Congratulations! You landed the new job, and you’re ready to meet your new coworkers and face this new challenge. This is typically a very exciting AND nervous period. Since your emotions are all over the place, sometimes it’s easy to fall into some common missteps right away.
Here are the 3 common mistakes you should AVOID when starting your new job:
1. Don’t say the phrase ‘this is how we did it at my old job’.
There is nothing more annoying to your new coworkers than listening to you talk about your former employer. It is the equivalent to talking about your ex on a first date. It’s way too soon for you to bring up your past employer or relationships. Doing so might give your new team the perception that you are either not confident enough in this new position, or even worse, that you think you’re better than them.
Instead, your focus should be on building rapport and learning the ropes. As a newbie, you haven’t yet learned the processes and the culture enough to start comparing or making suggestions for improvement. Hey, if you’re like me, you’re still struggling just to remember everyone’s names!
Now, this doesn’t mean you shouldn’t rely on your past experiences or bring over good ideas that you implemented in your former position. Your talents and skills are what is going to make you successful in this new role, and what made you such a catch to the hiring manager. But there are much better ways to communicate suggestions, ideas and recommendations without constantly name dropping your last company and rubbing people the wrong way.
For instance, instead of saying “at my old job we used to do xyz” try a different angle. “Hey, would it be possible to try this?”
Now you sound more inquisitive than condescending. This also leaves room for the other party to explain more about the process/task. Perhaps they have tried it before and it wasn’t successful. Perhaps it won’t work because there are some other things that you haven’t even learned yet that would cause an issue. Or, maybe now, they will be more open to considering your idea because you approached it in a better way.
2. Don’t give yourself unrealistic expectations!
Trust me, I have been there too. As a high performer it can feel frustrating not yet understanding how everything works. You have to rely on other people to fill in the gaps, and you’re at the mercy of their schedules and availability. You just want to hurry up and be on your own to do great things. I urge you to slow down!
You might not want to hear this, but it’s okay that you don’t know everything yet. Now take a breath and re-read that again. Setting unrealistic expectations just adds unnecessary pressure on you which means more stress and less enjoyment. Don’t rush the process and miss out on opportunities and experiences along the way. Be patient. You won’t learn everything in a day, a week, or even a month. This is supposed to be the honeymoon phase – you should still be looking forward to what this new position will offer you.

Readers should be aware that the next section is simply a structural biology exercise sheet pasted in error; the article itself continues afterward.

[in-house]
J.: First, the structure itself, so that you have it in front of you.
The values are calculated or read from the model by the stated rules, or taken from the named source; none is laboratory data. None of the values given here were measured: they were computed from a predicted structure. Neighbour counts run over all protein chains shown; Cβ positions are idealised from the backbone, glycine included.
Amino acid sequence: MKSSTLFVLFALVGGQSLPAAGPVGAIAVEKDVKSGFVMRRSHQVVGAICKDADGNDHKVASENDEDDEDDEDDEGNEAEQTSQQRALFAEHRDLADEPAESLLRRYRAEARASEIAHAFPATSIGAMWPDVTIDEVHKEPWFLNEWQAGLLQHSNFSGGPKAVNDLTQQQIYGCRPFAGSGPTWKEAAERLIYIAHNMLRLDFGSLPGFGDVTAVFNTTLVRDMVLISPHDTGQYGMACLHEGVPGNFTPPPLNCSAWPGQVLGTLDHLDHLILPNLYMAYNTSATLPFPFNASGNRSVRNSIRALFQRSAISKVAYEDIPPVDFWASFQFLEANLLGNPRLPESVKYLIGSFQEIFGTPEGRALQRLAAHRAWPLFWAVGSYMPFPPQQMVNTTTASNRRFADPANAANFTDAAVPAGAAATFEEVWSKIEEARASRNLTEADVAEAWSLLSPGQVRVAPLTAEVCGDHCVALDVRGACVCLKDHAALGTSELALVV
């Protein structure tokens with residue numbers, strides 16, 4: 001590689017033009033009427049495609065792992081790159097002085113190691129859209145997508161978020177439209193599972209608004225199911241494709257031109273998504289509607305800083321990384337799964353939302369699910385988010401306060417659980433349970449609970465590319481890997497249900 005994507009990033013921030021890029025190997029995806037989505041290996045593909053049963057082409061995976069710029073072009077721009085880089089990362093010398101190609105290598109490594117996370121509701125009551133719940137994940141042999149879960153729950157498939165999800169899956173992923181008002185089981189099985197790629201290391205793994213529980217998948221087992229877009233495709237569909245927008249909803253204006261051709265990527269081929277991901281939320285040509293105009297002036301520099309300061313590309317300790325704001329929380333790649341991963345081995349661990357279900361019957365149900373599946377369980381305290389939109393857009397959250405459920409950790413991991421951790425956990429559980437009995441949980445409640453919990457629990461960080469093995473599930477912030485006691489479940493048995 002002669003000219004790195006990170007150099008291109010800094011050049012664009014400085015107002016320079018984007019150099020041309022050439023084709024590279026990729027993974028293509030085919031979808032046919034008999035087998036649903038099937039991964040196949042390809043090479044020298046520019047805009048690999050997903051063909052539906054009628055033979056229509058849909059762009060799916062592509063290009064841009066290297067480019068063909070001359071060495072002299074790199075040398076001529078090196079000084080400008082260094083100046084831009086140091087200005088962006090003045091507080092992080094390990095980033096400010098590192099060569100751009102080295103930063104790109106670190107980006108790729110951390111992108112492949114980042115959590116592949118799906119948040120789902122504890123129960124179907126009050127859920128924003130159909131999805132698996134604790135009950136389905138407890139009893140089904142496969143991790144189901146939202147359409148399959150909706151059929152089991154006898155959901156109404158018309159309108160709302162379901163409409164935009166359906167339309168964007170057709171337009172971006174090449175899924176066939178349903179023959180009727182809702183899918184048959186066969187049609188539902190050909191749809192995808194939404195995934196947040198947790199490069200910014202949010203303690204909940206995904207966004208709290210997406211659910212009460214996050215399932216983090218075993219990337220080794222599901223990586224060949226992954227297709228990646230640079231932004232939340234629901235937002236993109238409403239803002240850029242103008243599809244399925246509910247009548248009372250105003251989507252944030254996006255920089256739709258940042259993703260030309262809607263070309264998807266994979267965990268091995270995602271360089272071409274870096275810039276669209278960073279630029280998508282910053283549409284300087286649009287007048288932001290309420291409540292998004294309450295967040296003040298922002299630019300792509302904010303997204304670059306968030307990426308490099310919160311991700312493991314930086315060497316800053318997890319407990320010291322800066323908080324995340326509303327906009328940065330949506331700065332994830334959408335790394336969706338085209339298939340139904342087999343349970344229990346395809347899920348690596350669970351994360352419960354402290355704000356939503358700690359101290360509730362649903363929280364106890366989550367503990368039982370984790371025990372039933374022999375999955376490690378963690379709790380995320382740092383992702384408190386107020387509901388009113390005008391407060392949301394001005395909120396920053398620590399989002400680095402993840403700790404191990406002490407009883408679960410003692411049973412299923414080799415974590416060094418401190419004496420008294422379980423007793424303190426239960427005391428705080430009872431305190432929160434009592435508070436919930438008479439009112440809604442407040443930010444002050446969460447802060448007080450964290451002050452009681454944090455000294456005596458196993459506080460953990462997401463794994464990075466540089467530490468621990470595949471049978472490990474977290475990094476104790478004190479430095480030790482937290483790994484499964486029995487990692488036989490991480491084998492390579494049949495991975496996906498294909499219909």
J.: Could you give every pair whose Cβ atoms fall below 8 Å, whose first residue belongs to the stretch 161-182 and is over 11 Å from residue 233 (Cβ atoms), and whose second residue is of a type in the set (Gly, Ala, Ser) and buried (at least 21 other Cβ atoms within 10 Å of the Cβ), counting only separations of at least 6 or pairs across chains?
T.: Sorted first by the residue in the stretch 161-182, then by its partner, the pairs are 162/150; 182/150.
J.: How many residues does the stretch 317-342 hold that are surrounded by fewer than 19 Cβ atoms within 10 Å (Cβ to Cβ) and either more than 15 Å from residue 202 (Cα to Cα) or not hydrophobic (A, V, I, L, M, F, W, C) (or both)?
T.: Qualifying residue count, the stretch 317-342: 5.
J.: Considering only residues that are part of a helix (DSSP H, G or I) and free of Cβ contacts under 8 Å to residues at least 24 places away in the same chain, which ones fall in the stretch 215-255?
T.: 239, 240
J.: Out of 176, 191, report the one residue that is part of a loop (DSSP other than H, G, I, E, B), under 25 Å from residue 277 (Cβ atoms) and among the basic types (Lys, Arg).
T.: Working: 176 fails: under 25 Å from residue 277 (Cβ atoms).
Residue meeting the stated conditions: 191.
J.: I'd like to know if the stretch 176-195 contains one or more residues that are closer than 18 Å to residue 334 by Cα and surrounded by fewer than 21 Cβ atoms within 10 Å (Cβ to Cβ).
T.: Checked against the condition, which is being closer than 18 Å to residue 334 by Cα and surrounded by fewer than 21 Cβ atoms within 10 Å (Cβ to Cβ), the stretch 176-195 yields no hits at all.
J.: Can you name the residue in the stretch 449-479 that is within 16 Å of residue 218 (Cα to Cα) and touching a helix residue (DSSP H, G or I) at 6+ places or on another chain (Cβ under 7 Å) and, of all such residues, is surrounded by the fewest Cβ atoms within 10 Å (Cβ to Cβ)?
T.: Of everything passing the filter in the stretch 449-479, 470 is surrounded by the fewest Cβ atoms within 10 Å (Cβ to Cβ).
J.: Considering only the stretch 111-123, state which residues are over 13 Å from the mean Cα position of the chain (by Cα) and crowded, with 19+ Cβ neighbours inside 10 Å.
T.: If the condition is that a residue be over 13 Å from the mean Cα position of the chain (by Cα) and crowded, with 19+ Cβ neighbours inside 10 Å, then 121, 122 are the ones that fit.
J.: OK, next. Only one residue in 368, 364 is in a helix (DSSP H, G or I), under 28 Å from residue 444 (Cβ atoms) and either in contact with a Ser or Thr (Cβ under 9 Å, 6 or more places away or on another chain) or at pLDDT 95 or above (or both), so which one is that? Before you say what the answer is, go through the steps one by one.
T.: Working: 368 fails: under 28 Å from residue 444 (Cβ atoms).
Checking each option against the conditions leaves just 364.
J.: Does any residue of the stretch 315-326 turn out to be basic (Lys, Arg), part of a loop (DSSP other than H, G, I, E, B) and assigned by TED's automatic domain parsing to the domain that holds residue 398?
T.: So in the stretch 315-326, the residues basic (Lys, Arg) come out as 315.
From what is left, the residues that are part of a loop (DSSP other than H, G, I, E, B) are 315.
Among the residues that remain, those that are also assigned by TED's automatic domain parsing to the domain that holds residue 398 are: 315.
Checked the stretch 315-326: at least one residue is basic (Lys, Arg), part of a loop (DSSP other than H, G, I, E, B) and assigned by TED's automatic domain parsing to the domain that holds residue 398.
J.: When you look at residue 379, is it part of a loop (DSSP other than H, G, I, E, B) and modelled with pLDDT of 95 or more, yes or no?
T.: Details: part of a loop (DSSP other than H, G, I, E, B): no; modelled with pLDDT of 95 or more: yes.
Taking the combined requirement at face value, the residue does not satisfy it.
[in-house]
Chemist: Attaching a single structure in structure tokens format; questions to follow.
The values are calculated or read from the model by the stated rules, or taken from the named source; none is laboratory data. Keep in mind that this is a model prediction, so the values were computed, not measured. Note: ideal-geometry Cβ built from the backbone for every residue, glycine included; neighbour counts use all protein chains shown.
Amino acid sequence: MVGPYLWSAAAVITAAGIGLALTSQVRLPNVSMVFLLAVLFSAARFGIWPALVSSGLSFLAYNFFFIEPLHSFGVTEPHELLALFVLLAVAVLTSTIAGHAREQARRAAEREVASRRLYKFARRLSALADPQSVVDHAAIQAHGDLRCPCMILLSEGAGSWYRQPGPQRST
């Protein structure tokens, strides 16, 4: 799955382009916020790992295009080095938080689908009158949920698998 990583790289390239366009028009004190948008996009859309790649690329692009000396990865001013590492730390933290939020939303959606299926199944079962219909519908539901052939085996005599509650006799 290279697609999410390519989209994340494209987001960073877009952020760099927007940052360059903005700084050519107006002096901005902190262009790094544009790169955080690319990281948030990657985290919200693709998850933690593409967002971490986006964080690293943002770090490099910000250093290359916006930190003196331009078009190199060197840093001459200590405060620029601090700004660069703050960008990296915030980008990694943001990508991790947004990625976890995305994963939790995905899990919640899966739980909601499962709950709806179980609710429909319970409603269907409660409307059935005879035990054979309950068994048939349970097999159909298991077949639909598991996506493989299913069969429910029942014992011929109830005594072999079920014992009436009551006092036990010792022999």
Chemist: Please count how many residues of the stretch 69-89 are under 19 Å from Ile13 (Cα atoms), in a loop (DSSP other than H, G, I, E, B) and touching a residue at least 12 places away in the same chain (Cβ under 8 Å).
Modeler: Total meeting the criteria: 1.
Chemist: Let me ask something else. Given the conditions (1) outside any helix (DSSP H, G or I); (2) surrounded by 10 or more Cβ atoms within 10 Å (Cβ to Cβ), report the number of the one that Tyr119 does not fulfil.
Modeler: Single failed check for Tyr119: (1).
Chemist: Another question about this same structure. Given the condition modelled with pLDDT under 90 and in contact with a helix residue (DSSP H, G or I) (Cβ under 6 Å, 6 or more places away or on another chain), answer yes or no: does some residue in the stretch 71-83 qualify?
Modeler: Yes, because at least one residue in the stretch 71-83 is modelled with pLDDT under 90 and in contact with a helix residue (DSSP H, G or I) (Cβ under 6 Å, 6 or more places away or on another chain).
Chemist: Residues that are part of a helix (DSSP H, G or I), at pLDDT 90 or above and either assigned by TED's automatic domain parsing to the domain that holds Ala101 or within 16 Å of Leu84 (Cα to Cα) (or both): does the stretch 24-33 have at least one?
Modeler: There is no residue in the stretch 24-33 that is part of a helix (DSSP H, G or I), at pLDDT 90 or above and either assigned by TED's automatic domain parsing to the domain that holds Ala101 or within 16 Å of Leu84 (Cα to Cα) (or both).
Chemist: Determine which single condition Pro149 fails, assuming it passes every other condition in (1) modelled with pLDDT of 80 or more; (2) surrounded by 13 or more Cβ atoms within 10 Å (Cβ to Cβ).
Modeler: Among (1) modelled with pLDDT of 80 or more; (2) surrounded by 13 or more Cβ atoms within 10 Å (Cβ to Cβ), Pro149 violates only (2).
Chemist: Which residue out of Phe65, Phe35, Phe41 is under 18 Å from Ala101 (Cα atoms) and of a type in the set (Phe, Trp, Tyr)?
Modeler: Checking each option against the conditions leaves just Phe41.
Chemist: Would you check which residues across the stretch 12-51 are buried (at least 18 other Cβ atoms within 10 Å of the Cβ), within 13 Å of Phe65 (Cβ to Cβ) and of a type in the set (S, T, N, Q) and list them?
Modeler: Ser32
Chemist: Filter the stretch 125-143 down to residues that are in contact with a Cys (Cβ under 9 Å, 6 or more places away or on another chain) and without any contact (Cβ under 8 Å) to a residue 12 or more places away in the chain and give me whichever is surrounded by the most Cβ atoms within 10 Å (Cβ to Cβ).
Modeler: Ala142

- Talk to your boss and new co-workers about what realistic expectations are for your growth within the position.
- What would they like you to accomplish in your first week?
- Are there any particular areas they need you to get up-to-speed on first?
- Where would they like to see you at the end of the month?
This way you have some specifics to focus on that are realistic to what you can achieve. What is reasonable for you to be able to accomplish in the first 30 days? Then 60 days, 90 days.
Depending on your level of responsibility and the size of your team, it may take 6 months or more for you to feel completely comfortable in your new role. This is 100% natural. When you started at your last job you weren’t an expert. It took months or years to get to where you ended up. So, give yourself the same grace and opportunity to learn now. Focus on 1-2 value-adding items each month. It will help you build confidence and momentum.
3. Don’t be afraid to ask questions and write down the answers!
A lot of new information is about to come at you. Write it all down! Do you feel embarrassed having to take so many notes? Or is it more uncomfortable to have to ask your co-worker a question that they already told you the answer to several times?
Studies show that asking questions and writing things down help with retention. You’re putting things into your own words and understanding so that it will click faster. Plus, you always have your notes to go over again to study or refer to when working on an important task. No one expects you to memorize everything they are saying. But they do expect you to be competent and demonstrate your interest and willingness to learn.
**Pro tip, write down fun facts about your new peers too! Unless you are an interpersonal savvy wizard, you certainly won’t remember everyone’s backstory, family tree, and interests. Find a place, privately, that you can jot down some notes about each person to help you remember. Plus, you can take a quick glance at your notes prior to speaking with that person again. Attention-to-detail is your friend in this situation. He/she may not publicly praise you for remembering their cat’s name, but they sure will appreciate you making an effort. So, keep asking questions and even ask people to slow down so you can write down the answers!
When starting a new role, remember your first goal is building rapport with new people. You want to make sure that the perception they get of you matches what you intend. Avoid these three common pitfalls and use these tips to start your new career on the right trajectory!
Good luck in your new role!